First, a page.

CHANGING DIRECTIONS OF FORTHCOMING ARM MOVEMENTS: NEURONAL ACTIVITY IN THE
PRESUPPLEMENTARY AND SUPPLEMENTARY MOTOR AREA OF MONKEY CEREBRAL CORTEX.
MATSUZAKA, YOSHIYA and JUN TANJI.
Department of Physiology, Tohoku University School of Medicine, Sendai,
APStracts 3:0124N, 1996.
SUMMARY AND CONCLUSIONS
1. To understand roles played by two cortical motor areas, the
presupplementary motor area (pre-SMA) and supplementary motor area (SMA), in
changing planned movements voluntarily, cellular activity was examined from
two monkeys (Macaca fuscata) trained to perform an arm- reaching task in which
they were asked to press one of two target buttons (right or left) in three
different task modes. 2. In the first mode (VISUAL), monkeys were visually
instructed to reach and press either a right or left key in response to a
forthcoming trigger signal. In the second mode (STAY), they were required to
wait for the trigger signal and press the same target key as pressed in
preceding trials. In the third mode (SHIFT), a 50-Hz auditory cue instructed
them to shift the target of the future reach from the previous target to the
previous nontarget. 3. While the monkeys were performing this task, we
recorded 399 task- related cellular activities from the SMA and pre-SMA. Among
them, we found a group of neurons that exhibited activity changes related
specifically to SHIFT trials (SHIFT-related cells). The following properties
characterized these 112 neurons. First, they exhibited activity changes after
the onset of the 50-Hz auditory cue and before the movement execution when the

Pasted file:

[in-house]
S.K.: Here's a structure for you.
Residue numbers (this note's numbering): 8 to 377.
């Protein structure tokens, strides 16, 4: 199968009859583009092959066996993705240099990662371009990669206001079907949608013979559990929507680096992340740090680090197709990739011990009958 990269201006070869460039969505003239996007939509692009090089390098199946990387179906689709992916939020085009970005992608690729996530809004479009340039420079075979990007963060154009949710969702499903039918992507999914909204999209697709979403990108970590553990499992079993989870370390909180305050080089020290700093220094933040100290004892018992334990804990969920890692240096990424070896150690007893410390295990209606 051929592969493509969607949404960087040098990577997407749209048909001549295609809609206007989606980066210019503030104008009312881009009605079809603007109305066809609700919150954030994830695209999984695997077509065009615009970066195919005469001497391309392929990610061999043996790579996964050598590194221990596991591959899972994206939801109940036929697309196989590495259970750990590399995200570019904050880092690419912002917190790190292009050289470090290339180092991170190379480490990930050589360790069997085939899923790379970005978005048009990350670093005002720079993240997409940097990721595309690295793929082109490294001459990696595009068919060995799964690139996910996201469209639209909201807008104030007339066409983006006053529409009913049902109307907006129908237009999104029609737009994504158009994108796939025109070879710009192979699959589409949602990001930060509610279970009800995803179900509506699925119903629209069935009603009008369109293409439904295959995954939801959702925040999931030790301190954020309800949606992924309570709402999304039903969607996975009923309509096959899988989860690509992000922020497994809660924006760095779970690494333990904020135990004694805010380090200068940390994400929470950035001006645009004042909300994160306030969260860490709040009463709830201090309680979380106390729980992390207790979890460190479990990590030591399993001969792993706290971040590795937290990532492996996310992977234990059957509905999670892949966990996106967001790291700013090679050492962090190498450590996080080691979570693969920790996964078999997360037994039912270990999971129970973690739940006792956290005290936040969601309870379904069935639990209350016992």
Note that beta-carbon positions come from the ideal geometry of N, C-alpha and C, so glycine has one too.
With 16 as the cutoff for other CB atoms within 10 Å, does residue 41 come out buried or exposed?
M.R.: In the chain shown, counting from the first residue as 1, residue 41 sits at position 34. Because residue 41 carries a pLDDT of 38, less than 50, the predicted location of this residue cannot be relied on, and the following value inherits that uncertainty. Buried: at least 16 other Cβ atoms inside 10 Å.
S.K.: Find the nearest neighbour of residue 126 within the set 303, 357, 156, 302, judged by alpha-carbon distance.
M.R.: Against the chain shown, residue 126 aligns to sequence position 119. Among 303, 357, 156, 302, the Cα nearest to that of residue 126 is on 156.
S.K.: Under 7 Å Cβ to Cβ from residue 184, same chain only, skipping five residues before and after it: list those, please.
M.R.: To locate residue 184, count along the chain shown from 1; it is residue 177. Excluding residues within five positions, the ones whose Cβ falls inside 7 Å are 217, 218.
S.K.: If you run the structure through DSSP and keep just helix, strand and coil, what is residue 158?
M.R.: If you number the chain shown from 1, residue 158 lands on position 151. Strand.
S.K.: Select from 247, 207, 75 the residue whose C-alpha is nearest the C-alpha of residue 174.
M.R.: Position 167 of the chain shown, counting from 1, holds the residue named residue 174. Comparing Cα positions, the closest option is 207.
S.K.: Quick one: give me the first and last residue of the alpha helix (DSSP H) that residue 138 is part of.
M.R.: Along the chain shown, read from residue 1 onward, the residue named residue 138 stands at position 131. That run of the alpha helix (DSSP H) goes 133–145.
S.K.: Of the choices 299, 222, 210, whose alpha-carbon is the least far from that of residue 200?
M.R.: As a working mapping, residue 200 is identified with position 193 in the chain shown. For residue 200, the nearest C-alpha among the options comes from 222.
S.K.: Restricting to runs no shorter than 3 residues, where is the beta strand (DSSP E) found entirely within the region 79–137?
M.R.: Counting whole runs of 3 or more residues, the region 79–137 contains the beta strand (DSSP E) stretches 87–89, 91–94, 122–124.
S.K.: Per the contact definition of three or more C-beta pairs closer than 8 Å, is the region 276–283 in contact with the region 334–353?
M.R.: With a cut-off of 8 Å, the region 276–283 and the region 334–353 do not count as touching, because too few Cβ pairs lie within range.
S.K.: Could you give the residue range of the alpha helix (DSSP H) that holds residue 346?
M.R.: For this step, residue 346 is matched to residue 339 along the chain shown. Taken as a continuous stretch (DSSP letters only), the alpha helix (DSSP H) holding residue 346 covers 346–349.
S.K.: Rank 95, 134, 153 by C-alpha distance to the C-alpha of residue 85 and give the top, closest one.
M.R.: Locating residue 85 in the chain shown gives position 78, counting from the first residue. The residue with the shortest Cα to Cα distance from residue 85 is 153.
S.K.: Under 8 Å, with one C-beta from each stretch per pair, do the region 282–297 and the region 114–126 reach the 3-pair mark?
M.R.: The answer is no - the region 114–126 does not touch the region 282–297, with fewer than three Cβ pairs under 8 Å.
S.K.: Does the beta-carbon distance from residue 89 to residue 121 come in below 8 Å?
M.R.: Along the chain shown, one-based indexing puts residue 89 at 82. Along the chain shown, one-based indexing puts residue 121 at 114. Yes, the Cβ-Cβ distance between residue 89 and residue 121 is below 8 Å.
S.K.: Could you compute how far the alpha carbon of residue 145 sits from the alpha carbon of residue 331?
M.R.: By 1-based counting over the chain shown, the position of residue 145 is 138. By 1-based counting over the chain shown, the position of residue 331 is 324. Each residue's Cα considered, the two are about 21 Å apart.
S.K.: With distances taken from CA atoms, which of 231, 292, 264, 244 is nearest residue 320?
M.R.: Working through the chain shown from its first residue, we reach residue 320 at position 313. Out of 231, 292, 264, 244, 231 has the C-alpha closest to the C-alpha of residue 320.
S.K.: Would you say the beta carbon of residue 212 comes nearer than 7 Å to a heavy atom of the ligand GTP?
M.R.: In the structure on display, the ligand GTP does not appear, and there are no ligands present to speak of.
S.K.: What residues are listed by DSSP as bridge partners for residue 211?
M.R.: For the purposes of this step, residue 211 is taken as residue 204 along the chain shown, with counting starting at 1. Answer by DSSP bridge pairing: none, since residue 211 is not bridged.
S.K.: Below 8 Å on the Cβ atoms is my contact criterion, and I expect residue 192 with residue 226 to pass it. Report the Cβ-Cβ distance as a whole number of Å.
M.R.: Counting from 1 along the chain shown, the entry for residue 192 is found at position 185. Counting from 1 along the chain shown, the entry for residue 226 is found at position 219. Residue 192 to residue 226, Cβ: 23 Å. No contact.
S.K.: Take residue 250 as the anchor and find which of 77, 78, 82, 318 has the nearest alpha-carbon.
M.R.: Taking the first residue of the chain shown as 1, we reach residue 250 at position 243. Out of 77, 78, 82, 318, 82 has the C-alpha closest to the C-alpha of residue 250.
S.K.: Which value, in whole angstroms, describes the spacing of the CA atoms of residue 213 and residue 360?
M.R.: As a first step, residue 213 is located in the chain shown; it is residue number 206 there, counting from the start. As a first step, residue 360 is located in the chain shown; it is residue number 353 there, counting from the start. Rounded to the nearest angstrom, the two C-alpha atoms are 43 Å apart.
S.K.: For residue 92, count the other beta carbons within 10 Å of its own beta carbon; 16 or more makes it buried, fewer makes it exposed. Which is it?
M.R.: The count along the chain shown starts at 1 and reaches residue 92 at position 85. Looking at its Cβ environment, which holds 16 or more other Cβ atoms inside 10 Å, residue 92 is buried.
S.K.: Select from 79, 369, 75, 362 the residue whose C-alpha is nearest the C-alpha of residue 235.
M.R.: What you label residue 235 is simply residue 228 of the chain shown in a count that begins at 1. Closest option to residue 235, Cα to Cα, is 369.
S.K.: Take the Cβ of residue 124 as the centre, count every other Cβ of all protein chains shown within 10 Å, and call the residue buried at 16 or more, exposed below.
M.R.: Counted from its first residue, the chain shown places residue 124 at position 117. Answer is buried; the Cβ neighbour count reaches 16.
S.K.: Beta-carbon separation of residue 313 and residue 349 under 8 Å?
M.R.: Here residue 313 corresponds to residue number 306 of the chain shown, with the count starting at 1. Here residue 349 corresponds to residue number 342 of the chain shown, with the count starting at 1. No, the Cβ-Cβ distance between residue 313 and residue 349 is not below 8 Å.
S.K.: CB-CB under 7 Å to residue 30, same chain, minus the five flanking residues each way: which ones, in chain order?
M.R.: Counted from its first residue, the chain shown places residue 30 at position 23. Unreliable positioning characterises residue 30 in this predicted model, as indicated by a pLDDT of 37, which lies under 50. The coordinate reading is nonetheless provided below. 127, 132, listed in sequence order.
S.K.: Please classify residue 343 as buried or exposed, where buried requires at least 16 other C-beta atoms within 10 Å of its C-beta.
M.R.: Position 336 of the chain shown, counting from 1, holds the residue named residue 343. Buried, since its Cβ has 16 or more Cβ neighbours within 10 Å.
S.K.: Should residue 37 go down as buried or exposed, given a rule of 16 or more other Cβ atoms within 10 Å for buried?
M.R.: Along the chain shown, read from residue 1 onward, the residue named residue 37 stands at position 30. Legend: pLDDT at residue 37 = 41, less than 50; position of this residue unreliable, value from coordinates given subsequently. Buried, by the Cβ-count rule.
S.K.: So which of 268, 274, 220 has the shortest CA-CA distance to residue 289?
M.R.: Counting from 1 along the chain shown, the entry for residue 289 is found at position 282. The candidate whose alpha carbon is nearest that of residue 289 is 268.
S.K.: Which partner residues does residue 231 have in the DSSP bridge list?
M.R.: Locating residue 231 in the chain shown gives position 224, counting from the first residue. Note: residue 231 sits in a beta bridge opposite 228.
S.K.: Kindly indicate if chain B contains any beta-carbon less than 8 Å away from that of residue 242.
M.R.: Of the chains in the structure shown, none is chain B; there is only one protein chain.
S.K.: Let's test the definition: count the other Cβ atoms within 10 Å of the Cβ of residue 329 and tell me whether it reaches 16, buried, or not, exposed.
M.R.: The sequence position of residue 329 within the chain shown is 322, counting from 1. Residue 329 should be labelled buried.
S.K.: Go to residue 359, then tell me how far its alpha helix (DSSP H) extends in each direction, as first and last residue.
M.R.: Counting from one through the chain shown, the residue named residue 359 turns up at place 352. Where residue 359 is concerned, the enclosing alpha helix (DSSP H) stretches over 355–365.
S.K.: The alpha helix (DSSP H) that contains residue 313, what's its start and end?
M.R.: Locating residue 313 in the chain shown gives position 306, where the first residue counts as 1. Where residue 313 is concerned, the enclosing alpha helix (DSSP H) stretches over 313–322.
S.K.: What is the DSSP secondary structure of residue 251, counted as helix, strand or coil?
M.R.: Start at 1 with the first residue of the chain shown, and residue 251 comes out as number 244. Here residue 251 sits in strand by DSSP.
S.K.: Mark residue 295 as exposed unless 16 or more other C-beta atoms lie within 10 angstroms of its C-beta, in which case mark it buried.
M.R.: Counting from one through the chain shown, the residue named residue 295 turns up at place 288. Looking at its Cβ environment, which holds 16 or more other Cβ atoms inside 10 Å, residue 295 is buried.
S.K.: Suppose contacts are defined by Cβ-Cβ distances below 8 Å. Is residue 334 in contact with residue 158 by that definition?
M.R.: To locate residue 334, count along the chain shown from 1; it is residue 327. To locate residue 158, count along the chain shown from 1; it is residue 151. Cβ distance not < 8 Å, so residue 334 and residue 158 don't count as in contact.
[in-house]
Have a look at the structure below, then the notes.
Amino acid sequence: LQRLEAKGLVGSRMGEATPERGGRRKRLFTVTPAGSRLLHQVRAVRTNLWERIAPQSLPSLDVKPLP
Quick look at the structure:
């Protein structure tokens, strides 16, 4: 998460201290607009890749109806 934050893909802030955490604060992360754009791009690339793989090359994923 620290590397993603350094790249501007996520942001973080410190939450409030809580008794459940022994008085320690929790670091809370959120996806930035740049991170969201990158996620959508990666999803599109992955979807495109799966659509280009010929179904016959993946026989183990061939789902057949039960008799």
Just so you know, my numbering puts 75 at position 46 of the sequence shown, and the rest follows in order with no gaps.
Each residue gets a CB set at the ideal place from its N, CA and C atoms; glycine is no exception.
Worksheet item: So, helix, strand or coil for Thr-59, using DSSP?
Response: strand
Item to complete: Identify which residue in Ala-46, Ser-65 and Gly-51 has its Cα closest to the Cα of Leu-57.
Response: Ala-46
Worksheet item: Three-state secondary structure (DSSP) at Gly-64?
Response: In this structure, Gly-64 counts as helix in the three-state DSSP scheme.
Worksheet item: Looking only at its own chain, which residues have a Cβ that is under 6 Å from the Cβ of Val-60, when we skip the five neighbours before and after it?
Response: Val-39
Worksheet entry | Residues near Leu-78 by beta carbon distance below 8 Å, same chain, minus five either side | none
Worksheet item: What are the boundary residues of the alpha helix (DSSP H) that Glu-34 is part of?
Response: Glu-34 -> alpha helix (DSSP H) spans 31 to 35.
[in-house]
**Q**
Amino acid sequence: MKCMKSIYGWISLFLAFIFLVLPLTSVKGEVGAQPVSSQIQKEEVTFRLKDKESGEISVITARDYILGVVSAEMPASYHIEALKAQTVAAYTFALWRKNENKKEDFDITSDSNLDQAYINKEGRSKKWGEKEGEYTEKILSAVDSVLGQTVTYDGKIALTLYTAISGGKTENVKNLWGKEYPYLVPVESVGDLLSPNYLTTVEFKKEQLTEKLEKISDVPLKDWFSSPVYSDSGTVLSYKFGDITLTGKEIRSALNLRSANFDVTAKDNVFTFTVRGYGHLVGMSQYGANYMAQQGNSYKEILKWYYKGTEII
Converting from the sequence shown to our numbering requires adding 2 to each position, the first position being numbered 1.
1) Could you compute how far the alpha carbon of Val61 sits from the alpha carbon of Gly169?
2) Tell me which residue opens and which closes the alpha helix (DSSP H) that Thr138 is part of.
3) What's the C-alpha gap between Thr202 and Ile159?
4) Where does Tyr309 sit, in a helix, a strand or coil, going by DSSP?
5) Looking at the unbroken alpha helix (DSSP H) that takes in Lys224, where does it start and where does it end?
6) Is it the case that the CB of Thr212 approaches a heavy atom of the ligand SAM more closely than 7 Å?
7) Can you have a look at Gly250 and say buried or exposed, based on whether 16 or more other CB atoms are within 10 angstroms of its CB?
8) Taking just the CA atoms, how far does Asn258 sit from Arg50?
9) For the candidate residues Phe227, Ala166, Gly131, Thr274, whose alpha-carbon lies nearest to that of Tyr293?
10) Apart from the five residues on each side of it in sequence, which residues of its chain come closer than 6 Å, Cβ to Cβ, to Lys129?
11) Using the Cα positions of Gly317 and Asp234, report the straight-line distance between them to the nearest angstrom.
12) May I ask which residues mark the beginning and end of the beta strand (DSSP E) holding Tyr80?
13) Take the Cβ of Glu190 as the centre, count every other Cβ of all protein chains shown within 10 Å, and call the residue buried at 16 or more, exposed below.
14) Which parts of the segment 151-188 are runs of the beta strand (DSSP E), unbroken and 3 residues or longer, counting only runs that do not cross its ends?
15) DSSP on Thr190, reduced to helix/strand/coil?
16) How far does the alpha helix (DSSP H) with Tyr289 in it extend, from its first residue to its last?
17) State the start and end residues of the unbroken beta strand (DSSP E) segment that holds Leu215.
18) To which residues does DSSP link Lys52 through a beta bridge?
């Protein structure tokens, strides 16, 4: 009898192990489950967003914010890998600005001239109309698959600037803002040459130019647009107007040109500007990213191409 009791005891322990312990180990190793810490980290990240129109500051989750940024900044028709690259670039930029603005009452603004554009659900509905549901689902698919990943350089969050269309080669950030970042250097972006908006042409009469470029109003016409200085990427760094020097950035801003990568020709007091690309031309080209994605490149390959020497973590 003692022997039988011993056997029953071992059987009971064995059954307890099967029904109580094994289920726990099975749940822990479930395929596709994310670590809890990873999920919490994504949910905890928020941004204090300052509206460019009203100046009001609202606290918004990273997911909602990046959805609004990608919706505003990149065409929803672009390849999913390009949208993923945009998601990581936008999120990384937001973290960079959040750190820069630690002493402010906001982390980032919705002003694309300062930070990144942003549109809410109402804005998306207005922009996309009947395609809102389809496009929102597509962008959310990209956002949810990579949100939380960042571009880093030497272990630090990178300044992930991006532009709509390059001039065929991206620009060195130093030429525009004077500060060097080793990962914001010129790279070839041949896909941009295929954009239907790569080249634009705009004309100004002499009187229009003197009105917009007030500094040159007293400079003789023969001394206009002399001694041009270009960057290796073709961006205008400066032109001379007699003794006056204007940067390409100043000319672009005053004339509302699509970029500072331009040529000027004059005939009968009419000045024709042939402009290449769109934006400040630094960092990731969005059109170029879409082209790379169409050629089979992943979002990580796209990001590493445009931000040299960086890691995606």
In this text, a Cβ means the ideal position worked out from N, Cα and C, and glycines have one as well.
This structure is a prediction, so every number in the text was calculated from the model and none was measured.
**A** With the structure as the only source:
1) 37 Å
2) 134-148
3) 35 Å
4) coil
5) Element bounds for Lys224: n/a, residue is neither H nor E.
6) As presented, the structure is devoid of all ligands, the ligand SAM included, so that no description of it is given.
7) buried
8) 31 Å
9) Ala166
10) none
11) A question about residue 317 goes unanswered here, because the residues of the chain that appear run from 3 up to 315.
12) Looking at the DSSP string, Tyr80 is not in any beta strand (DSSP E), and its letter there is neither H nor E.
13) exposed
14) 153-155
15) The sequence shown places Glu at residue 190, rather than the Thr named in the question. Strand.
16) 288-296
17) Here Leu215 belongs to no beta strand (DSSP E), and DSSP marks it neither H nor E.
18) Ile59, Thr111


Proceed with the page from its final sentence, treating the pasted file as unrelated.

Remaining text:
monkeys were required to change the direction of forthcoming movement. Second,
they were not active when the monkeys pressed the same key without changing
the direction of the movements. Third, they were not active when the monkeys
received the 50-Hz auditory cue but failed to change the direction of the
movements by mistake. These observations indicate that the activity of SHIFT-
related cells is related to the redirection of the forthcoming movements, but
not to the auditory instruction itself, nor to the location of the target key
or the direction of the forthcoming movements. 4. Although infrequently,
monkeys made errors in the STAY trials, and changed directions of the reach
voluntarily. In that case, a considerably high proportion of SHIFT-related
neurons (12/19) exhibited significant activity changes long before initiation
of the reach movement. These long- lasting activities were not observed during
the preparatory period in correct STAY trials, but resembled the SHIFT-related
activity observed when the target shift was made toward the same direction.
Thus, these activity changes were considered to be also related to the process
of changing the intended movements voluntarily. 5. We found another population
of neurons that showed activity modulation when the target shift was induced
by the visual instruction in VISUAL trials (visually guided SHIFT-related
neurons). These neurons were active when the LED guided the forthcoming reach
to the previous nontarget but not to the previous target. Therefore, their
activity was not a simple visual response to the LED per se. A majority of
them also showed SHIFT-related activity in SHIFT trials (19/22 in monkey no.
2). 6. Neurons exhibiting the SHIFT-related activity were distributed
differentially among the two areas. In the pre-SMA, 31% of the neurons
recorded showed the SHIFT-related activity, whereas in the SMA, only 7 %
showed such an activity. These results suggest that pre-SMA and SMA play
differential roles in updating the motor plans in accordance with current
Received 12 February 1996; accepted in final form 29 May 1996.
APS Manuscript Number J109-6.
Article publication pending J. Neurophysiol.
ISSN 1080-4757 Copyright 1996 The American Physiological Society.
Published in APStracts on 17 June 96